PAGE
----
Value Line recently initiated coverage of Diana Shipping Inc. (DSX) in its flagship product, The Value Line Investment Survey. This Greek shipping company owns and operates dry bulk vessels for international shipping. Diana specializes in the transportation of commodities, such as iron ore, coal, and grain, among others. In addition to its eponymous shipping business, the company also owns a 9.5% stake in Diana Containerships (DCIX).
Founded in 1999, the company owns 37 shipping vessels, among the fleet is the recently introduced “Crystalia”, an Ice Class Panamax ship. The “Panamax” name derives from its intended passageway, the Panama Canal, and make up over half of Diana’s fleet with a total of 19 ships. The remainder of the company’s fleet is made up of a variety of ships classified by size and shipping route. For instance, the three Post-Panamax shipping containers are among the largest in the world, and too vast to transport through Panama. Rounding out the company’s arsenal are ten Capesize, three Kamarsax, and two Newcastlemax vessels.
Diana is in the midst of an expansion. Over the past few years, the company has invested in growing its fleet. This strategy lends itself to a more focused long-term plan. That is, by investing the money in an updated fleet in the short term, Diana saves itself millions in operating costs related to aging ships further down the road. In addition to the aforementioned “Crystalia”, the business expects to add another Ice Class Panamax vessel by the end of the first quarter. After that, two Newcastlemax vessels and one Kamarsax are expected to be delivered within the next year, helping the company realize its goal of a 14% fleet expansion. In the mean time, though, the production and other costs affiliated with these ships will likely hurt the bottom line.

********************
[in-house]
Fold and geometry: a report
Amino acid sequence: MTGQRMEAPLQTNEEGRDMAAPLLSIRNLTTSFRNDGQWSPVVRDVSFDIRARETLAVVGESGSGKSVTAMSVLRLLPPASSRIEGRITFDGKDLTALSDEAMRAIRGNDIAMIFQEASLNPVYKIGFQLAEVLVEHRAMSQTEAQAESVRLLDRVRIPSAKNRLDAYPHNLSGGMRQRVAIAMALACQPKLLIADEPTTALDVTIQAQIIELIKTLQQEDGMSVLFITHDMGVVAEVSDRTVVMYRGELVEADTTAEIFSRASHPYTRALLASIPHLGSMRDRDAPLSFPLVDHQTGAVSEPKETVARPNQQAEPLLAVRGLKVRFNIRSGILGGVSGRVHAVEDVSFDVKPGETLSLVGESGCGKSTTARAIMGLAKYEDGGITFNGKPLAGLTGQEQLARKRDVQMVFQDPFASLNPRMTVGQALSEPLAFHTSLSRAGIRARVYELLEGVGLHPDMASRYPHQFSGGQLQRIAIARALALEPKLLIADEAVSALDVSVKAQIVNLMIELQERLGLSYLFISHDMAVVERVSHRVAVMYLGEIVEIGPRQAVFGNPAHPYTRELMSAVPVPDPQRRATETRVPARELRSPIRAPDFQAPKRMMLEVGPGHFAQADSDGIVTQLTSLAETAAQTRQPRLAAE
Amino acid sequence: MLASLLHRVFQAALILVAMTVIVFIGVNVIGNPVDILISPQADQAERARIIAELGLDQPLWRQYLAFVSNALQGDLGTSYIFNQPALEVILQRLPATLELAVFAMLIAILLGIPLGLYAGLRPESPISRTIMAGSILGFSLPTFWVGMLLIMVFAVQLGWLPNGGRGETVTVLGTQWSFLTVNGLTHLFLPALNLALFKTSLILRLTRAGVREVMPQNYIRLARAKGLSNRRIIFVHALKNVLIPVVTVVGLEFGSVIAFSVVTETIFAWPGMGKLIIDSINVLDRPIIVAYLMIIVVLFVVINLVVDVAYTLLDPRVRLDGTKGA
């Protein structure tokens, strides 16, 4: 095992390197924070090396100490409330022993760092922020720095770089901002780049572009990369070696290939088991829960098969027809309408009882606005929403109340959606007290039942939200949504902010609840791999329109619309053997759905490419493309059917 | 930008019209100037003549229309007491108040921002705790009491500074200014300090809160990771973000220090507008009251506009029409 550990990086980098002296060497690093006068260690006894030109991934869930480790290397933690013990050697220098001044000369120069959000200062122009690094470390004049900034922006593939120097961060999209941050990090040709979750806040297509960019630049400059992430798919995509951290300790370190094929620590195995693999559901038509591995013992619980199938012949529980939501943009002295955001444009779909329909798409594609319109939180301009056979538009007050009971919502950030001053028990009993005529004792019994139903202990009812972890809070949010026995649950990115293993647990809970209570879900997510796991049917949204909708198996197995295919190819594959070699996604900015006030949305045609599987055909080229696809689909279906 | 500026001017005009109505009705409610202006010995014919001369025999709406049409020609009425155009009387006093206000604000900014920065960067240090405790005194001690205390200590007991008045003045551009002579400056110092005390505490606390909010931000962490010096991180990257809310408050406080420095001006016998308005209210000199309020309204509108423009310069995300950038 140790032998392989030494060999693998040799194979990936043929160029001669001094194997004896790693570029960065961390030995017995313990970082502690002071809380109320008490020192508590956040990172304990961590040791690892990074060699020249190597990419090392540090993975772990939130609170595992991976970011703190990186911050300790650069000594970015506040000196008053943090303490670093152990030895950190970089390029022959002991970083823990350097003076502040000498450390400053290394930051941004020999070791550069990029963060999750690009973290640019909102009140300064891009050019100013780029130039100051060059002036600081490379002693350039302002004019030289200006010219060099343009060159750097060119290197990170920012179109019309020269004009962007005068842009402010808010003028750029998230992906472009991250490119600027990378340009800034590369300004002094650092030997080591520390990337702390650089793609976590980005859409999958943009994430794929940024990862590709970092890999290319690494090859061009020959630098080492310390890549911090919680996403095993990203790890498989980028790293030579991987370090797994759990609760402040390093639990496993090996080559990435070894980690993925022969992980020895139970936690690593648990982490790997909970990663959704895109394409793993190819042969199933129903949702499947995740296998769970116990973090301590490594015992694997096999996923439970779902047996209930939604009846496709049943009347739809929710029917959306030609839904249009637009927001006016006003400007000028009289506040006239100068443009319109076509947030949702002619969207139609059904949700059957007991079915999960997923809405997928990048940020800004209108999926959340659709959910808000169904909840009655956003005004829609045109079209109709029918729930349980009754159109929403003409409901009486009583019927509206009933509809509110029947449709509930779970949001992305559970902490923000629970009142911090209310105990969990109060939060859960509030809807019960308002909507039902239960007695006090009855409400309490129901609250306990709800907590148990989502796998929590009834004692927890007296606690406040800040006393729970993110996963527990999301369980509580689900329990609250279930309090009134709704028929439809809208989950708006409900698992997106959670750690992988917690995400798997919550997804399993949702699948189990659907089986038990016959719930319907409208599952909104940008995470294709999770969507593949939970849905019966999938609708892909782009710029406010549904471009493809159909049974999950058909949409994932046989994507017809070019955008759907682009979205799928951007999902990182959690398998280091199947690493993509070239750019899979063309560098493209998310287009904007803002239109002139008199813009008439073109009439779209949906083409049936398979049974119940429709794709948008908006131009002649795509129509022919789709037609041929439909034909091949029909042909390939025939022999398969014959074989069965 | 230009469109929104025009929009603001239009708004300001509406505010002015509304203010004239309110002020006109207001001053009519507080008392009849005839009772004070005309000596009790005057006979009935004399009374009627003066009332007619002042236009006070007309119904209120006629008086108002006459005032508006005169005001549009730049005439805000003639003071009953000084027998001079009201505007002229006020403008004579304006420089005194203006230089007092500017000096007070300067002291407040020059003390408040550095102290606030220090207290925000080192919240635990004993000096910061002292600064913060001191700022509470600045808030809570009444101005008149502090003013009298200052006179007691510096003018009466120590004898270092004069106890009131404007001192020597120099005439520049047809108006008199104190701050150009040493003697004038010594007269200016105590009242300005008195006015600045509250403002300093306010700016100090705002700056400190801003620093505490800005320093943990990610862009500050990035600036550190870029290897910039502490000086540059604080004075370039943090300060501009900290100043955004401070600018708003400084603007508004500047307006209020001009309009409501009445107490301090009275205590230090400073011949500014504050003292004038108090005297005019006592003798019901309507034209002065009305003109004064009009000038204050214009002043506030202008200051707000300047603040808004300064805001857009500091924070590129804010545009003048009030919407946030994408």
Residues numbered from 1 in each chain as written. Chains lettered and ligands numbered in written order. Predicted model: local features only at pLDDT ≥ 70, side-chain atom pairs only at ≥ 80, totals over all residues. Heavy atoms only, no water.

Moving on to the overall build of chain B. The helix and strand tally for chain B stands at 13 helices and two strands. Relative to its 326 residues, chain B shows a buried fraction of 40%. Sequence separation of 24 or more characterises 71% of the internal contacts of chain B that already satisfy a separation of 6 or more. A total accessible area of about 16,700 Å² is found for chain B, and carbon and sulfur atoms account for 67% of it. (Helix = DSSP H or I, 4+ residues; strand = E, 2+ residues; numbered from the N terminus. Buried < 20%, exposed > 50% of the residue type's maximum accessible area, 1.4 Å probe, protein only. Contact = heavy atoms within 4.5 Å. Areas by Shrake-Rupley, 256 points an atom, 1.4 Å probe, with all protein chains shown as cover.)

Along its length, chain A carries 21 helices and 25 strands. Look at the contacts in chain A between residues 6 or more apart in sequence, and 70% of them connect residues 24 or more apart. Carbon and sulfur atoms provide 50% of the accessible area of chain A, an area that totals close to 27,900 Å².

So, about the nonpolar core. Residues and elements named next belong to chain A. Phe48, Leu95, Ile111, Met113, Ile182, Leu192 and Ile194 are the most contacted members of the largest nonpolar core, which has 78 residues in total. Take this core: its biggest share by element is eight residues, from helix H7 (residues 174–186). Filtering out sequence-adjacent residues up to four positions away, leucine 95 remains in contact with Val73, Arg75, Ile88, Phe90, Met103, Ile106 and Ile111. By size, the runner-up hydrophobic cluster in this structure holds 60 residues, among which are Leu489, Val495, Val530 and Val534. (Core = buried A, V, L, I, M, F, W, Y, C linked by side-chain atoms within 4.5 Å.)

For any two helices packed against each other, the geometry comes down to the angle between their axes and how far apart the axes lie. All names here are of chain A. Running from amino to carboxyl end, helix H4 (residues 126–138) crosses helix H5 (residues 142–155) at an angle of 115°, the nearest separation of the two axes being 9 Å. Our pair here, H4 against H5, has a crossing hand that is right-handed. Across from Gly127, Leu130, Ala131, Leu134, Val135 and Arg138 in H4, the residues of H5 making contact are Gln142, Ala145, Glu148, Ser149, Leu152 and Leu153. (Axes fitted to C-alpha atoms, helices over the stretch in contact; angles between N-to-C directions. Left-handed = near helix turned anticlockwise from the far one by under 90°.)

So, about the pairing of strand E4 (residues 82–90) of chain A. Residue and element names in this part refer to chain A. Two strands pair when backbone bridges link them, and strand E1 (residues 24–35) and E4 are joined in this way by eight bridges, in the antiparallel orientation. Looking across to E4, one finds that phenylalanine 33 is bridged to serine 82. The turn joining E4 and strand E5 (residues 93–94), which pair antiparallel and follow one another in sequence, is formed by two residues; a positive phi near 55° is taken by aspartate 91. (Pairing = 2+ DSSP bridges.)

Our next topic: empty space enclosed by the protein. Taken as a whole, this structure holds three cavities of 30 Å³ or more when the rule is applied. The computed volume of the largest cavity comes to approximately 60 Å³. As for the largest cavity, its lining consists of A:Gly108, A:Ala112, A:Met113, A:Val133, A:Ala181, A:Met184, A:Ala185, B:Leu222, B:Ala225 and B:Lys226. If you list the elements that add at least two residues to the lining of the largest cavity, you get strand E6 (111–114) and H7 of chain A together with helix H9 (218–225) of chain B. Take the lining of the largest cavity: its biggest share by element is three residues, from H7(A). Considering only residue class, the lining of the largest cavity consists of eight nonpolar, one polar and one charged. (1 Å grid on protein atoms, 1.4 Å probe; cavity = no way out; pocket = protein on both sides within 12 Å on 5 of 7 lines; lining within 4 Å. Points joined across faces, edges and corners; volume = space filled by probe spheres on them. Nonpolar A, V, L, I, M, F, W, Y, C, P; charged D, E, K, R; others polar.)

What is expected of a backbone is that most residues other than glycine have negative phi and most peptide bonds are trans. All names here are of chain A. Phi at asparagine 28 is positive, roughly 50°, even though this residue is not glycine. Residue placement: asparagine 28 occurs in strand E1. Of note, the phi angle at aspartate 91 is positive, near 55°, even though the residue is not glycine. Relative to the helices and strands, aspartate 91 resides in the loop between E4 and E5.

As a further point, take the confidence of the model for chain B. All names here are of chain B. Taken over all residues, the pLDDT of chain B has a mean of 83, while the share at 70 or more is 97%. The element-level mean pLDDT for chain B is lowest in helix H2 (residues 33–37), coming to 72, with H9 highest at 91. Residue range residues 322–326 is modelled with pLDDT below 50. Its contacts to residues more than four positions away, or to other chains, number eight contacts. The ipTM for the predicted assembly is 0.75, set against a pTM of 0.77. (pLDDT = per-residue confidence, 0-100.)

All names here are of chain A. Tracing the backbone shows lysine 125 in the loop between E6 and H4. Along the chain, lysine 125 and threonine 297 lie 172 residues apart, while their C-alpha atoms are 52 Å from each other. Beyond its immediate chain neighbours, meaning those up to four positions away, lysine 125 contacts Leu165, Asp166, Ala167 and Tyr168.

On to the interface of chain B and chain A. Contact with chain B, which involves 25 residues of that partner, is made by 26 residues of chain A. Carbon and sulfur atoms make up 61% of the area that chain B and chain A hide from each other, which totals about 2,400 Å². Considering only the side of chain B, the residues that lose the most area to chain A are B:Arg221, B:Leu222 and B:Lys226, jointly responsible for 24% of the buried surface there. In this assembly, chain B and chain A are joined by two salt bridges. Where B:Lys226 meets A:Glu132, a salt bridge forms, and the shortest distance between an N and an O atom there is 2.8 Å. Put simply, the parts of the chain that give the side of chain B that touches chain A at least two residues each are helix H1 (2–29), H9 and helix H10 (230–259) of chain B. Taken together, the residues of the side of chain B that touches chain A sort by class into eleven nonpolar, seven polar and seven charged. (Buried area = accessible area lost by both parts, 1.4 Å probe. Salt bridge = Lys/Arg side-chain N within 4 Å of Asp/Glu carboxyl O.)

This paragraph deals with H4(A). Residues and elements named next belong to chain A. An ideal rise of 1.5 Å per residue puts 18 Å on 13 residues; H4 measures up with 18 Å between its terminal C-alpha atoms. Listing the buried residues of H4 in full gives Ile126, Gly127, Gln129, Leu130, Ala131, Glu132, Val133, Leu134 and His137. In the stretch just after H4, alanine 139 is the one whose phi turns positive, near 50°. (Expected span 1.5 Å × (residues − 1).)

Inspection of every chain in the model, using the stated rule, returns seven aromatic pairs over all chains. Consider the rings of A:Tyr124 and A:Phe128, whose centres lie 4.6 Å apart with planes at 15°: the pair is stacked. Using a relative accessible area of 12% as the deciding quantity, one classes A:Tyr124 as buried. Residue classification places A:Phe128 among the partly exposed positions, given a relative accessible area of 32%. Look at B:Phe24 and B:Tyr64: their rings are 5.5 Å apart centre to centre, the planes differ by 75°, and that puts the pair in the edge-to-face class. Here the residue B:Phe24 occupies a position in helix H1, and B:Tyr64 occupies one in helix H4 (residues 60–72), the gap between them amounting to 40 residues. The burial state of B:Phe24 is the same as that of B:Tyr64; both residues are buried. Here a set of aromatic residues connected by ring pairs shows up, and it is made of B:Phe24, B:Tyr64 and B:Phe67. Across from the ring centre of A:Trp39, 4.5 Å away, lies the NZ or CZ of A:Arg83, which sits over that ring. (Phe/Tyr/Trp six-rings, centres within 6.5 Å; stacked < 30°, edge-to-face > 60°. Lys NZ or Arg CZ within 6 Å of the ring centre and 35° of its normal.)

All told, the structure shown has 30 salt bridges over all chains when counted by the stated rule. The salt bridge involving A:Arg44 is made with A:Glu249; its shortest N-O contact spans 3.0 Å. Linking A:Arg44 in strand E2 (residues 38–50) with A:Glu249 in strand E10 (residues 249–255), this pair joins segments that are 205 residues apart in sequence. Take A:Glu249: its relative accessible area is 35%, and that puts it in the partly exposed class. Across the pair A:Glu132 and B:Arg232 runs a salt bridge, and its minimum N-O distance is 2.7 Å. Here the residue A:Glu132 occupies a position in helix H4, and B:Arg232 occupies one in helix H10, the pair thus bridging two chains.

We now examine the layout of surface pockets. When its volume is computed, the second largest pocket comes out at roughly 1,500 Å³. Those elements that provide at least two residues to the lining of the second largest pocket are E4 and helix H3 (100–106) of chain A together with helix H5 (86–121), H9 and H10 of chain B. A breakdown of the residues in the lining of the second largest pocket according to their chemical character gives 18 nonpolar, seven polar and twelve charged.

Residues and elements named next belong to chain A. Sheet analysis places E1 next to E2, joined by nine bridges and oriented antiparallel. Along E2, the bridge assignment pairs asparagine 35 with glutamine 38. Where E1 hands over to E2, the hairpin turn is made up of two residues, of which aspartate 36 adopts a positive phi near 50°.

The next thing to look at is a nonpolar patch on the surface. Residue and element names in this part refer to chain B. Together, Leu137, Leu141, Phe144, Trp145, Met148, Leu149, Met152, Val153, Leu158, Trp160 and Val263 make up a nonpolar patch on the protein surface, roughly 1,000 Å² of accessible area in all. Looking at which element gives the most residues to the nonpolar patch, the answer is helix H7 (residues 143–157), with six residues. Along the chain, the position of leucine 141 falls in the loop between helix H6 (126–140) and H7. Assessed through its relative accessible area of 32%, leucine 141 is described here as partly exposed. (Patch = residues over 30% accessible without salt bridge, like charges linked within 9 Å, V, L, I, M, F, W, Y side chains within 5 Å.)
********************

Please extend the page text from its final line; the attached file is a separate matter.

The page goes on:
The operating environment for shipping companies has been a challenging one recently. International charter rates were down over the past year, putting pressure on the entire industry. As Diana derives the bulk of its revenues from charter arrangements, the downward trend was especially adverse. In fact, despite increasing its fleet, total business decreased by about 25% in 2013. And while the new ships probably weighed on profitability last year, the aforementioned macroeconomic concerns were likely the main drivers for the $75 million-plus year-over-year swing into the red.
Luckily for potential investors in Diana, the external forces that determine the nature of the shipping industry are largely uncontrollable, and affect all companies equally. Thus, the operationally efficient Diana should have a leg up on most of its competitors if the market turns around. That the “Crystalia” has already been committed to an 18-month lease merely weeks into its life underscores the Greek company’s ability to glean new business even in lean times. Still, we caution that shipping rates are highly volatile, in which case Diana and its expanded fleet could struggle into the future.
Subscribers interested in owning a piece of this small-cap shipping provider are advised to consult Value Line’s quarterly reports for Diana Shipping Inc., as well as any supplemental reports and relevant articles as important news items arise.
At the time of this article’s writing, the author held no positions in any of the companies mentioned.